Friday, March 22, 2013
Jurickson Profar must play every day
By Jim Bowden ESPN.com
If the following scenario sounds keenly familiar to Texas Rangers fans, it should.
A veteran player realizes he must move to another position to make room for a young budding star, despite making the All-Star team and earning a Gold Glove the prior season. He refuses at first, but finally relents knowing the move is what’s best for the team.
In 2009, after being a five time All-Star and coming off two straight Gold Glove campaigns, the Rangers moved Michael Young from shortstop to third base to make room for an exciting prospect named Elvis Andrus. Still seemingly in the prime of his career, Young bristled at first but eventually knew the team came first and shifted over.
Fast-forward to this spring training, where prospect Jurickson Profar has forced the Rangers into another tough decision. Profar is the best middle infield prospect in baseball. His talent says he's ready to be an everyday player at the major league level. Frankly, the Rangers should have named Profar their everyday second baseman before spring training even started. But that means All-Star second baseman Ian Kinsler must move to first base.
Texas' ideal tandem up the middle is Andrus at shortstop and Profar at second base, and the quicker the Rangers engage that plan, the better off they will be. The key for Texas is they enjoy the luxury of having adequate personnel at other positions to make such a move possible. To be sure, Kinsler remains an All-Star caliber second baseman. But if Profar can produce similarly at second, moving Kinsler to first upgrades every position as Mitch Moreland and David Murphy can compete for or platoon in left field. This would give the Rangers the best possible short- and long-term infield defense, as well as their optimum lineup. But only if Profar plays every day.
Like Young before him, Kinsler has said he doesn’t want to move. I have empathy for Kinsler and his desire to remain at second, but the fact is the team always must come first. They also asked Young to move to third base for Kinsler and then ultimately from third to DH for Adrian Beltre. This situation is no different, and Kinsler should agree to do what's best for the team.
The Rangers lost a significant part of the offense with the offseason free-agent movement of Josh Hamilton, Young and Mike Napoli. Signing Lance Berkman and A.J. Pierzynski will help, but doesn't make up for the loss of Hamilton. Profar is such a special middle infield talent that putting him in the lineup every day could be a difference-maker, especially for a team that now has to win with pitching, defense and speed.
However, if the Rangers aren't going to play Profar every day, they should option him to Triple-A and let him continue to develop. Remember, Profar went from Double-A straight to the big leagues, so he hasn't had the chance to develop against older Triple-A pitchers with decent secondary stuff. It won't hurt him to have a chance to get another 500 at-bats for development. Profar has never hit .300 at any level, never hit 15 home runs in a season, never stolen 25 bases in a year, and yet his ability says he should be able to accomplish all of those in time at the major league level.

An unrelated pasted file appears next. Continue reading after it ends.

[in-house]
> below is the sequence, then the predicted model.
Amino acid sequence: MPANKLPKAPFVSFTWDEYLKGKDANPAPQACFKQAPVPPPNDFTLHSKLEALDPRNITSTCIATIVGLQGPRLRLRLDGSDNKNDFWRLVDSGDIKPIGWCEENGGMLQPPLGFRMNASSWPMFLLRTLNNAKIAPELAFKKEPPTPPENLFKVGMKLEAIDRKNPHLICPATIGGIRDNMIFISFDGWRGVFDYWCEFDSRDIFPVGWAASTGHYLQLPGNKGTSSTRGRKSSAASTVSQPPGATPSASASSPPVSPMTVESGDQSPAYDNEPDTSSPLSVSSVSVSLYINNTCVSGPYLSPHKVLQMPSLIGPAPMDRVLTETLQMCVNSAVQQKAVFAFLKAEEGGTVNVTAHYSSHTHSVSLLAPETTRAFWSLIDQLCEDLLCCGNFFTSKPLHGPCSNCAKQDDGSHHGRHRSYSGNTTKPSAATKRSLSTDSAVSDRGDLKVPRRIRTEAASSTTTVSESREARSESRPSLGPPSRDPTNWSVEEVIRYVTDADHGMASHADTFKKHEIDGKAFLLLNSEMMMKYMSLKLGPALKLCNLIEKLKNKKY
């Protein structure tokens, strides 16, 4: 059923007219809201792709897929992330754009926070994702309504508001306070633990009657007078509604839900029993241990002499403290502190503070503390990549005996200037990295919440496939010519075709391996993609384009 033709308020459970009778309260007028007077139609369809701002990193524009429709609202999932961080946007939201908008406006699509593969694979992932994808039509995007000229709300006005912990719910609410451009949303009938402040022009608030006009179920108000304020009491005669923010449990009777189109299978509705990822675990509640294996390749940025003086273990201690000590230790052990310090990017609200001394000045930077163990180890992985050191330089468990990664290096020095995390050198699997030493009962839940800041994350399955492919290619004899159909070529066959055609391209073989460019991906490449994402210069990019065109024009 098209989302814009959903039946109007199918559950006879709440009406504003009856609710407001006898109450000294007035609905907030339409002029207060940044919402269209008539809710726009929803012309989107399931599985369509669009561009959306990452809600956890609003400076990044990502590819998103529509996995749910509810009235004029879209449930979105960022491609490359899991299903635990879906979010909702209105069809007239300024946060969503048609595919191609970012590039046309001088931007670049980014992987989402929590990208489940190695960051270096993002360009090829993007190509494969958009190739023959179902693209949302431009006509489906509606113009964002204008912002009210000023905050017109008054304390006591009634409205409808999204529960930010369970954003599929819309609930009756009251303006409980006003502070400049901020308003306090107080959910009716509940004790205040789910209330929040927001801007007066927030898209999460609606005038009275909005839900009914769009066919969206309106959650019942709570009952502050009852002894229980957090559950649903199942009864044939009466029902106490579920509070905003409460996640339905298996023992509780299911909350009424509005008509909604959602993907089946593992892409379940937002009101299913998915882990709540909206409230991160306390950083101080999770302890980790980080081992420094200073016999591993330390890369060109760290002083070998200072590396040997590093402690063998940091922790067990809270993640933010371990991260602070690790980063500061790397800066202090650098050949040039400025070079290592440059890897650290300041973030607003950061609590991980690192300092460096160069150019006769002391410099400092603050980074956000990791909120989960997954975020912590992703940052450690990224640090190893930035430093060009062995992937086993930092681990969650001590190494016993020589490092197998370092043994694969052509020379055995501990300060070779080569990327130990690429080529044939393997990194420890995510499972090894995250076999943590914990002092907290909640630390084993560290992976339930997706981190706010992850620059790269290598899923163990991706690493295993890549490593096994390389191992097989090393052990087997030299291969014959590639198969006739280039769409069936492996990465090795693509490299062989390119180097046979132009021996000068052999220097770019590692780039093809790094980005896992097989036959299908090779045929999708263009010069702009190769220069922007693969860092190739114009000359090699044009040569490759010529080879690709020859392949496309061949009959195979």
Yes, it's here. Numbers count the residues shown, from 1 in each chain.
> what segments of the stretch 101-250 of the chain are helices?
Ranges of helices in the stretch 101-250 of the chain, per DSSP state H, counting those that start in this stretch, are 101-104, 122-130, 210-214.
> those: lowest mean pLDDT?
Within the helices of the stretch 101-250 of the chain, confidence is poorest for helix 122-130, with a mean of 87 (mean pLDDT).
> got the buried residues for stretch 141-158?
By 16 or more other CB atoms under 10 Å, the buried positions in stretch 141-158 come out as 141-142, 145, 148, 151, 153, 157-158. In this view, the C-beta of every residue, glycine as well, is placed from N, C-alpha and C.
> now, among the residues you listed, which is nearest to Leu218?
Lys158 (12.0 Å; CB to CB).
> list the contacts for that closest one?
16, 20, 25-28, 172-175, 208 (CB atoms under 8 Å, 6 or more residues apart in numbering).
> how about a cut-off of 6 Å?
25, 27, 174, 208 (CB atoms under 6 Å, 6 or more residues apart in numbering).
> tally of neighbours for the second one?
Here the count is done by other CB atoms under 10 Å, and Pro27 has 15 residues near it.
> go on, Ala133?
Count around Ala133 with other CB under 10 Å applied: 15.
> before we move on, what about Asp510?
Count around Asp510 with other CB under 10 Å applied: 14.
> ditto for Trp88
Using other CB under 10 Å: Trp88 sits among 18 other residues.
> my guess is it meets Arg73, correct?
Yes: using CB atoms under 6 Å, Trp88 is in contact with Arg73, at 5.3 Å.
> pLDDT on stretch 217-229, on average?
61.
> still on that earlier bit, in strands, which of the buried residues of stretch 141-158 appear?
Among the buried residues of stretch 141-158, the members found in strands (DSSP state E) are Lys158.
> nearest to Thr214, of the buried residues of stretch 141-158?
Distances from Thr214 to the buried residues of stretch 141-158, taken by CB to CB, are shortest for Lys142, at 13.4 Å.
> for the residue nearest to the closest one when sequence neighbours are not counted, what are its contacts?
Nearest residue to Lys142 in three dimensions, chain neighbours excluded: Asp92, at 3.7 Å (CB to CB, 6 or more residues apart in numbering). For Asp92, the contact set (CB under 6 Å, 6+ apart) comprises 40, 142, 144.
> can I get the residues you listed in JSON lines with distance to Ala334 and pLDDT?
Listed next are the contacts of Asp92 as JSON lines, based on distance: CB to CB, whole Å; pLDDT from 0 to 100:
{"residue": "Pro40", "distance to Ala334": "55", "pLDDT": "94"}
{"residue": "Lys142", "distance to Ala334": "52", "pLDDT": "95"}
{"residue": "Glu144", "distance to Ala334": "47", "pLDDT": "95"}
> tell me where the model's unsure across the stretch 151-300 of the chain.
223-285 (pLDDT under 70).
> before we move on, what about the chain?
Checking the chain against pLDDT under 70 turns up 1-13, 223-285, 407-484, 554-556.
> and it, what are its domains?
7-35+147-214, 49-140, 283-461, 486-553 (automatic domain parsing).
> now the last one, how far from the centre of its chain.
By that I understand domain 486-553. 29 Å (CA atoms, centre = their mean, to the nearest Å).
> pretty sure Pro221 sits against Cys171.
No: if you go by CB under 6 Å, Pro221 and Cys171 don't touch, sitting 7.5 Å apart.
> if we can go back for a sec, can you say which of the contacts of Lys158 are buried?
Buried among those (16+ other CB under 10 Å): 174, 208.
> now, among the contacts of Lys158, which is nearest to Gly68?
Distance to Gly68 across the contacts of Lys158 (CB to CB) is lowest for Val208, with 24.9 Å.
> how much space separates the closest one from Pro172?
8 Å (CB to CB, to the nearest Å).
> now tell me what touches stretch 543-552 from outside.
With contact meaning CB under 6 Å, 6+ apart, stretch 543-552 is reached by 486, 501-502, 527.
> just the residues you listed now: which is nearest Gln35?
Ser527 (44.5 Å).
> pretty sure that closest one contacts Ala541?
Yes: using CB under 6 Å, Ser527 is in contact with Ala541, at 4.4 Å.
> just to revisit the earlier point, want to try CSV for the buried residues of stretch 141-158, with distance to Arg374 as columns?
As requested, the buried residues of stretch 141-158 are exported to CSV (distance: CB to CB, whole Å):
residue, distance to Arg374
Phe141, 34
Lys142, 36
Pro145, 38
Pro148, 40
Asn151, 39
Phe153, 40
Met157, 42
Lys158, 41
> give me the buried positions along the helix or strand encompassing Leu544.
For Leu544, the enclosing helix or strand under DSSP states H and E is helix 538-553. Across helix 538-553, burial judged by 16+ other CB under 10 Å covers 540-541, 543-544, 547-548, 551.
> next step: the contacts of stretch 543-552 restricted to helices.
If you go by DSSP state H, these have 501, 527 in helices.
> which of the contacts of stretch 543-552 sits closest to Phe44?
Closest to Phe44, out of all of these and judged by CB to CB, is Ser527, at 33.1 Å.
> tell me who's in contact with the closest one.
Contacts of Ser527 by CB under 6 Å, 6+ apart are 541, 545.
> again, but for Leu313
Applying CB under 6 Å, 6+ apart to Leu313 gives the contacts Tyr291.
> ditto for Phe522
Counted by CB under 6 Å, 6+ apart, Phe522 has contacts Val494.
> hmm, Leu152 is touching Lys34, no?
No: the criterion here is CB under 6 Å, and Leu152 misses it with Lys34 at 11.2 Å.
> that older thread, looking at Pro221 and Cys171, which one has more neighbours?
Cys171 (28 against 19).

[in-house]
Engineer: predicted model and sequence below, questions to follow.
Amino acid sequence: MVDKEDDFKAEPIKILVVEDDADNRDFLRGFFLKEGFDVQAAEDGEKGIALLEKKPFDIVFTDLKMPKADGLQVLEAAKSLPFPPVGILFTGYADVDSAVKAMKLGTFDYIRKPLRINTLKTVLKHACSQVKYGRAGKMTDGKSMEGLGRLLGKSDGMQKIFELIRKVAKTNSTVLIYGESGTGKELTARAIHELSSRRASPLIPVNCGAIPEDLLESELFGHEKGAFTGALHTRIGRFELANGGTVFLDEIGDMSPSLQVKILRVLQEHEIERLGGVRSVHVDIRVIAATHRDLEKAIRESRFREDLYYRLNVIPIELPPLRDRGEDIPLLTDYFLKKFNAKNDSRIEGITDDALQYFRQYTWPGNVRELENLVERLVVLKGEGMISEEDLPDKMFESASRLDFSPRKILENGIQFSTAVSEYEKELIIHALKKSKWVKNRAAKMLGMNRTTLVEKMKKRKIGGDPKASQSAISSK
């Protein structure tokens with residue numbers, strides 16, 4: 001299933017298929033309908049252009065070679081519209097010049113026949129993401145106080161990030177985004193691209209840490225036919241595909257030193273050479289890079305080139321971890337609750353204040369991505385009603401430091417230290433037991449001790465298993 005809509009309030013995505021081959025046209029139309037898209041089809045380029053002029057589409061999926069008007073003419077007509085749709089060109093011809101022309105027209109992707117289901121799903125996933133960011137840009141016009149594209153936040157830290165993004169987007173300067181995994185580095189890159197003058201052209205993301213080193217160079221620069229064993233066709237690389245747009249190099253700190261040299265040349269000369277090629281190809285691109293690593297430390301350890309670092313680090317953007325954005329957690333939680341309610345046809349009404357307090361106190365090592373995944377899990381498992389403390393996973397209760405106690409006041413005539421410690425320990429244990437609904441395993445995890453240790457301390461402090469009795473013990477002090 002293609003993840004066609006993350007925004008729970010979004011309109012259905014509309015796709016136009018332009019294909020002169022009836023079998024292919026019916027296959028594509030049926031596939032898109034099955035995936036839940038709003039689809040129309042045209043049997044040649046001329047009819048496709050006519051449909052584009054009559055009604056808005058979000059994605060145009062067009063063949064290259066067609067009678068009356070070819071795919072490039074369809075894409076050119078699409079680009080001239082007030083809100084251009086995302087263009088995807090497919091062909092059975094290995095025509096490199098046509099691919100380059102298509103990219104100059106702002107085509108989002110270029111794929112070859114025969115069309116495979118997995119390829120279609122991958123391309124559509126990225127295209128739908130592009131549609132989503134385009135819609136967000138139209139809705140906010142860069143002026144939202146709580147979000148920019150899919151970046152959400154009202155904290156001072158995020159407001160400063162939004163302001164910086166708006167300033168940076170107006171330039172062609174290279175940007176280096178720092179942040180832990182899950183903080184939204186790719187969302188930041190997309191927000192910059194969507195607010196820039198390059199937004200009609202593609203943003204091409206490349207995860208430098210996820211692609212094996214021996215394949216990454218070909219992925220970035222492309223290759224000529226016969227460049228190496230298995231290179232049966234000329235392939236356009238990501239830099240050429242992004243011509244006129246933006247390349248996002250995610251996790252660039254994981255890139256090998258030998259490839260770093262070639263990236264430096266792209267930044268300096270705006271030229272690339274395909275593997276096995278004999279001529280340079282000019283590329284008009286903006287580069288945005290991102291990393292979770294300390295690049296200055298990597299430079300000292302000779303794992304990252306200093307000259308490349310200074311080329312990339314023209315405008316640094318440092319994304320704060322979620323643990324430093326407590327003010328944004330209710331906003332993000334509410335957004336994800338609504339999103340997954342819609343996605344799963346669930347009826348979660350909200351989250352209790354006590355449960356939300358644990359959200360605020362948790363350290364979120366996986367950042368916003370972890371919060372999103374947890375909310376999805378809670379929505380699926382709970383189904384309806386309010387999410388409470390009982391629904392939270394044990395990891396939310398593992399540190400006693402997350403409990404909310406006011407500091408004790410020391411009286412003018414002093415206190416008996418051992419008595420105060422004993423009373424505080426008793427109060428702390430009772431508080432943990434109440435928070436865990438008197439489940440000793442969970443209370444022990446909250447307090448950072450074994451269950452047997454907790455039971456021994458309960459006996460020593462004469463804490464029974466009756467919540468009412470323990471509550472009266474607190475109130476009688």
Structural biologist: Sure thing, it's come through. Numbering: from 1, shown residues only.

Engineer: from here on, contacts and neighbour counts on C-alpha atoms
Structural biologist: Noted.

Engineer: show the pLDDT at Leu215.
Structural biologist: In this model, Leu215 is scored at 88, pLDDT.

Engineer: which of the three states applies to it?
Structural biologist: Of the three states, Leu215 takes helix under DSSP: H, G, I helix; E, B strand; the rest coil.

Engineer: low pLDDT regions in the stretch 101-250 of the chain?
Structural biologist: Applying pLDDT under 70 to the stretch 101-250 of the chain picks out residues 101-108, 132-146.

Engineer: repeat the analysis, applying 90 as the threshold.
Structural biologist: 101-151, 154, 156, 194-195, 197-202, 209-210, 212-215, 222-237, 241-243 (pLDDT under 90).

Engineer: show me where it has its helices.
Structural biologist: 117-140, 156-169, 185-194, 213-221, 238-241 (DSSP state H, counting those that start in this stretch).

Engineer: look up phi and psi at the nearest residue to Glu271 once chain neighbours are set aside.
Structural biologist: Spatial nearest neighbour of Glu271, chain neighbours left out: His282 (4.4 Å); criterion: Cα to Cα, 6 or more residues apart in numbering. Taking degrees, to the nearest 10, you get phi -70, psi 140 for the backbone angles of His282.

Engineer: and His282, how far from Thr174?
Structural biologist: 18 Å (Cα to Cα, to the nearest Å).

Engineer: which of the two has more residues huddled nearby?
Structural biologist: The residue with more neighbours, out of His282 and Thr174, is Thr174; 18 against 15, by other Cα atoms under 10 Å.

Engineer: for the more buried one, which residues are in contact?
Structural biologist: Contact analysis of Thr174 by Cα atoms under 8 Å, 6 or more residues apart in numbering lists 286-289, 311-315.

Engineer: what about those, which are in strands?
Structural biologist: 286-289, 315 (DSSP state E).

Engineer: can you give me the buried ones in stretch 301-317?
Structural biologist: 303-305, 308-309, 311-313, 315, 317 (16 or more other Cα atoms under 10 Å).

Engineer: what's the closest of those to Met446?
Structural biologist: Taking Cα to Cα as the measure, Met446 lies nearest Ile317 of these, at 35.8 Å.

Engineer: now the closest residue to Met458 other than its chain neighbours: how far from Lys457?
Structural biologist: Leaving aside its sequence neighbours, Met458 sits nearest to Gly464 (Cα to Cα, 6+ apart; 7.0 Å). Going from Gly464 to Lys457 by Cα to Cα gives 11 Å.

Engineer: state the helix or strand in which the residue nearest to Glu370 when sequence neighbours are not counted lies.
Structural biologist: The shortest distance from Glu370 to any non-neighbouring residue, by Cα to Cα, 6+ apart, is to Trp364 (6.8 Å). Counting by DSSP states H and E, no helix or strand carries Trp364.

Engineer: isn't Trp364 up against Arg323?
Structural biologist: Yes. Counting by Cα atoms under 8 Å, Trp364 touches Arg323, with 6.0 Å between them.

Certainly there’s no shame for Profar to head back to minor leagues. Several other top prospects in the game whose major league readiness is debatable will start the year in Triple-A, just as Mike Trout and Bryce Harper did last season.
For instance, St. Louis’ Oscar Tavares, like Profar, appears major league ready but is blocked by Carlos Beltran in right field and Matt Holliday in left. Rather than have him play part time or rot on the bench, better to option him out and let him get steady at-bats in Triple-A. Then he can be ready either for an injury to one of the aforementioned veterans or for 2014 when Beltran is expected to depart as a free agent.
Rangers president and general manager Jon Daniels and manager Ron Washington agree they won’t keep Profar as a traditional bench player. However, Washington thinks if he can find semi-regular at-bats for Profar, perhaps 300 or so, they will give that plan serious consideration.
In my mind, that would be a mistake. For Profar to fill in at second base, shortstop and DH is really wasting critical development time and could actually impede his progress. It's also not healthy for the team if Kinsler and Andrus, its two best players, want to be out there every day but are asked to sit down once a week. It’s senseless, especially to start the season.
Bottom line, the Rangers know what the optimum lineup and defensive positioning is and that’s with Profar at second base. Otherwise, optioning him to Triple-A is the best alternative both for the Rangers and Profar. One wrinkle to this scenario is the team’s long-term perspective of Andrus. If the Rangers think they'll be able to sign Andrus to a long-term contract (he's currently signed through 2014), then Profar should immediately be put at second base every day and Daniels should plan on eventually moving Kinsler (signed through 2017 with a club option for 2018) to first or left field or trading him for an upgrade at either one of those positions.
Every spring several general managers get caught in the position of making tough decisions on their top prospects. It’s a slippery slope because ultimately Daniels’ job is to outfit Washington with the weapons he needs to win. And rest assured, Washington will beg and plead to break camp with Profar. But it’s also a general manager’s responsibility to do what’s best for the team and player, and sometimes that means being patient. Regardless, Profar must play every day wherever he is assigned.